FORT LAUDERDALE, Fla. (AP) - A jury on Thursday began debating
whether a man who chain-smoked at least two packs of cigarettes a
day for decades was helplessly addicted to nicotine as his widow
claimed in a lawsuit seeking damages for his death from tobacco giant Philip Morris.
The lawsuit by Elaine Hess, widow of Stuart Hess, is the first of about 8,000 such cases to go to trial since the Florida Supreme Court in 2006 threw out a $145 billion class-action jury award filed by thousands of smokers and their families.
The state's high court upheld the conclusion that tobacco companies knowingly sold dangerous products and concealed smoking's health risks, but ruled each case must be proven individually. If the jury finds Hess was addicted and that caused his death from lung cancer, the issue of money damages would be decided later.
In closing arguments Thursday, Hess attorneys Gary Paige and Alex Alvarez said Stuart Hess smoked heavily for 40 years and tried numerous times to quit, even trying hypnosis at one point. But they said the nicotine was too powerful, forcing Hess to continue smoking even as he was undergoing chemotherapy before he died in 1997 at age 55.
"People smoke because they're addicted, not because they choose to," Paige said. "Nobody wants to be addicted to cigarettes. It's as addictive as cocaine and heroin."
Kenneth Reilly, attorney for Richmond, Va.-based Philip Morris - a unit of Altria Group - said Hess' own medical records show that he was able to quit from time to time but made the decision each time to resume smoking despite doctor's advice to stop. Reilly said thousands of smokers successfully quit each year.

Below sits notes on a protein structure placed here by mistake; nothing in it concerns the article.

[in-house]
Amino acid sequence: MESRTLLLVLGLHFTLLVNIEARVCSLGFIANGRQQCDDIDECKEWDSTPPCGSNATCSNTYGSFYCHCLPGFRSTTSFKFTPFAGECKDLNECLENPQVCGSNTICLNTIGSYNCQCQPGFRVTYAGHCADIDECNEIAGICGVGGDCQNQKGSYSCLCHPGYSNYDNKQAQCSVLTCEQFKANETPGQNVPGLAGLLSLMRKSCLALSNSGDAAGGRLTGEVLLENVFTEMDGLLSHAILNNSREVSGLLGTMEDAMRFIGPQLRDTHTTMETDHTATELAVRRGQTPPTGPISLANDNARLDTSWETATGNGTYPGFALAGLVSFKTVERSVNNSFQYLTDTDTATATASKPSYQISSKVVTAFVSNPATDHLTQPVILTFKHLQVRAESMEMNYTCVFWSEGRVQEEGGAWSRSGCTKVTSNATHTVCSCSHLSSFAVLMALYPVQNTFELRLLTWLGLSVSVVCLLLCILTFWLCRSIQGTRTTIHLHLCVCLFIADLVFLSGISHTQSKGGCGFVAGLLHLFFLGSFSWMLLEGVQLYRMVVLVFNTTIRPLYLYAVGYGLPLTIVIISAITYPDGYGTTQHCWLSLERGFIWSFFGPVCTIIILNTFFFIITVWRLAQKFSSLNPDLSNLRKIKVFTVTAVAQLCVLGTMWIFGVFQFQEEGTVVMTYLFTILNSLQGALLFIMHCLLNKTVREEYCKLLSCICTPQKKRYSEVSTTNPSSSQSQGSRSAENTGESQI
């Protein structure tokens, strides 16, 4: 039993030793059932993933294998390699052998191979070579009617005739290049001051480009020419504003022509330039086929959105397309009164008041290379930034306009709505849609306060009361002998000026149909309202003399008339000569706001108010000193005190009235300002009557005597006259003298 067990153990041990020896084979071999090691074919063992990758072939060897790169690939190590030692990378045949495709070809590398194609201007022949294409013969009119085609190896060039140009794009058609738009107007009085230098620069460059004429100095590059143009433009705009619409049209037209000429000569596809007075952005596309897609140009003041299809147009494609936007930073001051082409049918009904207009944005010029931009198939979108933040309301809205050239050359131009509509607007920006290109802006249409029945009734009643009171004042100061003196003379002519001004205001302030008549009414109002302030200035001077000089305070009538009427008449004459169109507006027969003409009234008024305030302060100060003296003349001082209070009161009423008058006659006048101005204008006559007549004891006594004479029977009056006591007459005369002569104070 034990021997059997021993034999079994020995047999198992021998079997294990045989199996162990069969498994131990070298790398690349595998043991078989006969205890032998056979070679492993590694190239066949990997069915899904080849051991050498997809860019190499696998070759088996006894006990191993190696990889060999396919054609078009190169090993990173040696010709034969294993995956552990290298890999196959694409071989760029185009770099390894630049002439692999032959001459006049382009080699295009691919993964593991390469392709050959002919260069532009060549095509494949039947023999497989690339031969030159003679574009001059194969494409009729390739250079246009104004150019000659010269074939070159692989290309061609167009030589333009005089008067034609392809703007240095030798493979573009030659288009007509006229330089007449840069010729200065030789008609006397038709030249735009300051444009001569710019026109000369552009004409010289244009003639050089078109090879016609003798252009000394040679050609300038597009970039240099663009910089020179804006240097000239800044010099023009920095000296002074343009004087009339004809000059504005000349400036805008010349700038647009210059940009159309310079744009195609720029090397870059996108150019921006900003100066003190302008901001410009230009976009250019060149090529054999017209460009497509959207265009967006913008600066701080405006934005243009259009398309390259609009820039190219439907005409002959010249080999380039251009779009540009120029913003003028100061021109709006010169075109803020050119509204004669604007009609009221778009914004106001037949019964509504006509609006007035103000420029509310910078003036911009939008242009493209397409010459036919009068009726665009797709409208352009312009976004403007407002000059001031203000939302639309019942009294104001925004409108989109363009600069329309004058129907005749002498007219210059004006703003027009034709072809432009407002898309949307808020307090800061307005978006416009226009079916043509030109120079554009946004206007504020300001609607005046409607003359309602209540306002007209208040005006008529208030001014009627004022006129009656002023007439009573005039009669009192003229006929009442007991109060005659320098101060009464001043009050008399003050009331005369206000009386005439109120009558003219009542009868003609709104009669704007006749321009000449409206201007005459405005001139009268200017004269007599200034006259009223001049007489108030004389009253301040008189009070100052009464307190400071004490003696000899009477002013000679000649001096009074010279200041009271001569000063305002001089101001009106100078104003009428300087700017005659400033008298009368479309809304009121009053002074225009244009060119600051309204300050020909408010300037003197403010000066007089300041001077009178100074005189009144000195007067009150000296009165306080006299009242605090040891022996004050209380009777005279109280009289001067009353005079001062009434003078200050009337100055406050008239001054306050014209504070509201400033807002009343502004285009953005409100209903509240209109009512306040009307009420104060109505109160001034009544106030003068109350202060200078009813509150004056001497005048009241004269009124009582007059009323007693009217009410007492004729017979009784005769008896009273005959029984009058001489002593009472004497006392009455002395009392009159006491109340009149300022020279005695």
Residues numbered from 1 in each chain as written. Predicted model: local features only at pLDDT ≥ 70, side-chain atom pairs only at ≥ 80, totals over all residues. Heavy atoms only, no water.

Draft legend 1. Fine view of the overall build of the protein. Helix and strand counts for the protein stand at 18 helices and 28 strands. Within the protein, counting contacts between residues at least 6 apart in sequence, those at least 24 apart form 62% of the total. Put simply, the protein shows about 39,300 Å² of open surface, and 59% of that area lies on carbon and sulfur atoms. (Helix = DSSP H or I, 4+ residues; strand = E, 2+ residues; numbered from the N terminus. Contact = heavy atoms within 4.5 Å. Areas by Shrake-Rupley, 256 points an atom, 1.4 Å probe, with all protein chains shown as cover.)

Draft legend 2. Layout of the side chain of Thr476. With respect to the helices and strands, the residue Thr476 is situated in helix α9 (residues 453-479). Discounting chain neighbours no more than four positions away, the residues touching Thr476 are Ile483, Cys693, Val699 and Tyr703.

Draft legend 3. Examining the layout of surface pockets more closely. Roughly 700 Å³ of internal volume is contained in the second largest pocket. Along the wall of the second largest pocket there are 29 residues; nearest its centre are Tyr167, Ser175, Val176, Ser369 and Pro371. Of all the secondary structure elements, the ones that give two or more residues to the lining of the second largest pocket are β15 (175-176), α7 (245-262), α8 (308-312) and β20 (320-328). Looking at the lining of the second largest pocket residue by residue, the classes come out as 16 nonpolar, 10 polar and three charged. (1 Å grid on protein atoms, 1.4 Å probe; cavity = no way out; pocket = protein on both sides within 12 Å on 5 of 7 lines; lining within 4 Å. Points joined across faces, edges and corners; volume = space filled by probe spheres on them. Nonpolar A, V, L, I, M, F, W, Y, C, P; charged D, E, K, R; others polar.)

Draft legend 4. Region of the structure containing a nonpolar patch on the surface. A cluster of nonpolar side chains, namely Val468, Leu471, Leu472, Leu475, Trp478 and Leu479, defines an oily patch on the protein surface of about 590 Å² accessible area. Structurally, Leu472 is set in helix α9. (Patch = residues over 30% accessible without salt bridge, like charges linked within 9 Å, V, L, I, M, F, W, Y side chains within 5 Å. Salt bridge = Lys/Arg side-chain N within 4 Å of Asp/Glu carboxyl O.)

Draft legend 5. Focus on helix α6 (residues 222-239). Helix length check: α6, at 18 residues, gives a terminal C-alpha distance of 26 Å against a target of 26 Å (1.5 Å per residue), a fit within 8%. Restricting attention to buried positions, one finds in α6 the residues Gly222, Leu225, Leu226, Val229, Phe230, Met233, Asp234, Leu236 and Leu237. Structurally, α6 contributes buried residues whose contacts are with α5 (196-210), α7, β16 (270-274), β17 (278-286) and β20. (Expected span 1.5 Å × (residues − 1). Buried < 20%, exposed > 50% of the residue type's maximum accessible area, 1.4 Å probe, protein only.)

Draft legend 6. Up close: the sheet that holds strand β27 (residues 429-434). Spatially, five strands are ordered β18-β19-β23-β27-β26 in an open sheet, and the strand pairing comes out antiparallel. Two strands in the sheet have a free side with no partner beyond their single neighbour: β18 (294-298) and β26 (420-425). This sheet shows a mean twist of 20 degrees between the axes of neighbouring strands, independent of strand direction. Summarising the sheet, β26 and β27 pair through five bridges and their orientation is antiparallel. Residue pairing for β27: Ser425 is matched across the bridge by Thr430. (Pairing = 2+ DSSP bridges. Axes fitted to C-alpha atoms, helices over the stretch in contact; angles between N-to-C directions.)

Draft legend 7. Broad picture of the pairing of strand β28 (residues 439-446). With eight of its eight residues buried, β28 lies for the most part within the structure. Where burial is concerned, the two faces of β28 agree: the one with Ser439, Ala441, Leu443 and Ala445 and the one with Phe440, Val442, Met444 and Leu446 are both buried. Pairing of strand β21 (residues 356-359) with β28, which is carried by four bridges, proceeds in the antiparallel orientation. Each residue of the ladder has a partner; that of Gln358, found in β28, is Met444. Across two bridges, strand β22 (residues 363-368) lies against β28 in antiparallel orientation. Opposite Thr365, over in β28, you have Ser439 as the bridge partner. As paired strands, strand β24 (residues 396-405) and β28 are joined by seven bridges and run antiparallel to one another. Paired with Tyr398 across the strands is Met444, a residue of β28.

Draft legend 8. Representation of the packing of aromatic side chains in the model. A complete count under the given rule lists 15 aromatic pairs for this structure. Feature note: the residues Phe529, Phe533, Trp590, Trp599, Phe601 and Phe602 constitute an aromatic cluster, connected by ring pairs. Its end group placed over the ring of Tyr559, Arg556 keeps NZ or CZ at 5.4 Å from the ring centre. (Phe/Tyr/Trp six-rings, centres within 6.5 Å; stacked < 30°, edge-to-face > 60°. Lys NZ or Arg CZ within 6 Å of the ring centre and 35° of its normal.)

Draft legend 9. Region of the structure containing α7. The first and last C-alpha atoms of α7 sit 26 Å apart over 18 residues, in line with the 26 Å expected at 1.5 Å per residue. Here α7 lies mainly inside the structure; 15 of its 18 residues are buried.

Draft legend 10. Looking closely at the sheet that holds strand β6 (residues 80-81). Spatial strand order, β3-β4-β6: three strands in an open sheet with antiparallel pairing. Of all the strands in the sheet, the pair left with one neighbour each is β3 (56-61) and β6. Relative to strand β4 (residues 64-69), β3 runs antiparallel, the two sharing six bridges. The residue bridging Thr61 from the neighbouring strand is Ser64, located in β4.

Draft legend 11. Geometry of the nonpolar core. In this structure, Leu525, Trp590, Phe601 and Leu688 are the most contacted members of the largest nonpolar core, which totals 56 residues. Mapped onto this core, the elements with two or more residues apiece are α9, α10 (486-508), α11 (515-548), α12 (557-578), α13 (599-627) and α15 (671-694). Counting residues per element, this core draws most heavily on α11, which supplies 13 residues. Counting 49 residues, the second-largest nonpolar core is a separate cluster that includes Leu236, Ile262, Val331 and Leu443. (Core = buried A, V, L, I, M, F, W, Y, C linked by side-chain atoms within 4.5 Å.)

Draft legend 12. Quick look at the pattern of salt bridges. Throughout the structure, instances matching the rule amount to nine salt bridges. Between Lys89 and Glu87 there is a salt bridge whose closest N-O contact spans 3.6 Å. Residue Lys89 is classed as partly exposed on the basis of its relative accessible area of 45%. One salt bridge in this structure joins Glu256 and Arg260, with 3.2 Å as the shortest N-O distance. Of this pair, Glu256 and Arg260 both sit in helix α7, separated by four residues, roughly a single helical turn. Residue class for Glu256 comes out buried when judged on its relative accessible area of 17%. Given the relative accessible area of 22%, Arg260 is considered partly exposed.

"From an objective standard, have they proved Mr. Hess was addicted? The answer is no," Reilly said.
The trial, which began Feb. 3, is being closely watched by the tobacco industry and by the thousands of other Florida smokers and survivors who have filed similar lawsuits. Although it does not have direct legal effect on those other lawsuits, the Hess case could signal how they will turn out.
Much of Hess' evidence concerned the tobacco industry's well-documented efforts to hide and downplay the dangers of smoking, but Reilly said Hess was well aware by the mid-1960s of government warnings about health risks.
The $145 billion damage award by a Miami jury - in 2000 the largest such punitive award in U.S. history - was thrown out as excessive by the state Supreme Court. It involved a class of smokers estimated at about 700,000 as part of a 1994 lawsuit filed by Miami Beach Dr. Howard Engle, a pediatrician who had smoked for decades and couldn't quit.
At the time, the Engle case was the first class-action lawsuit against tobacco companies to make it to trial in the U.S.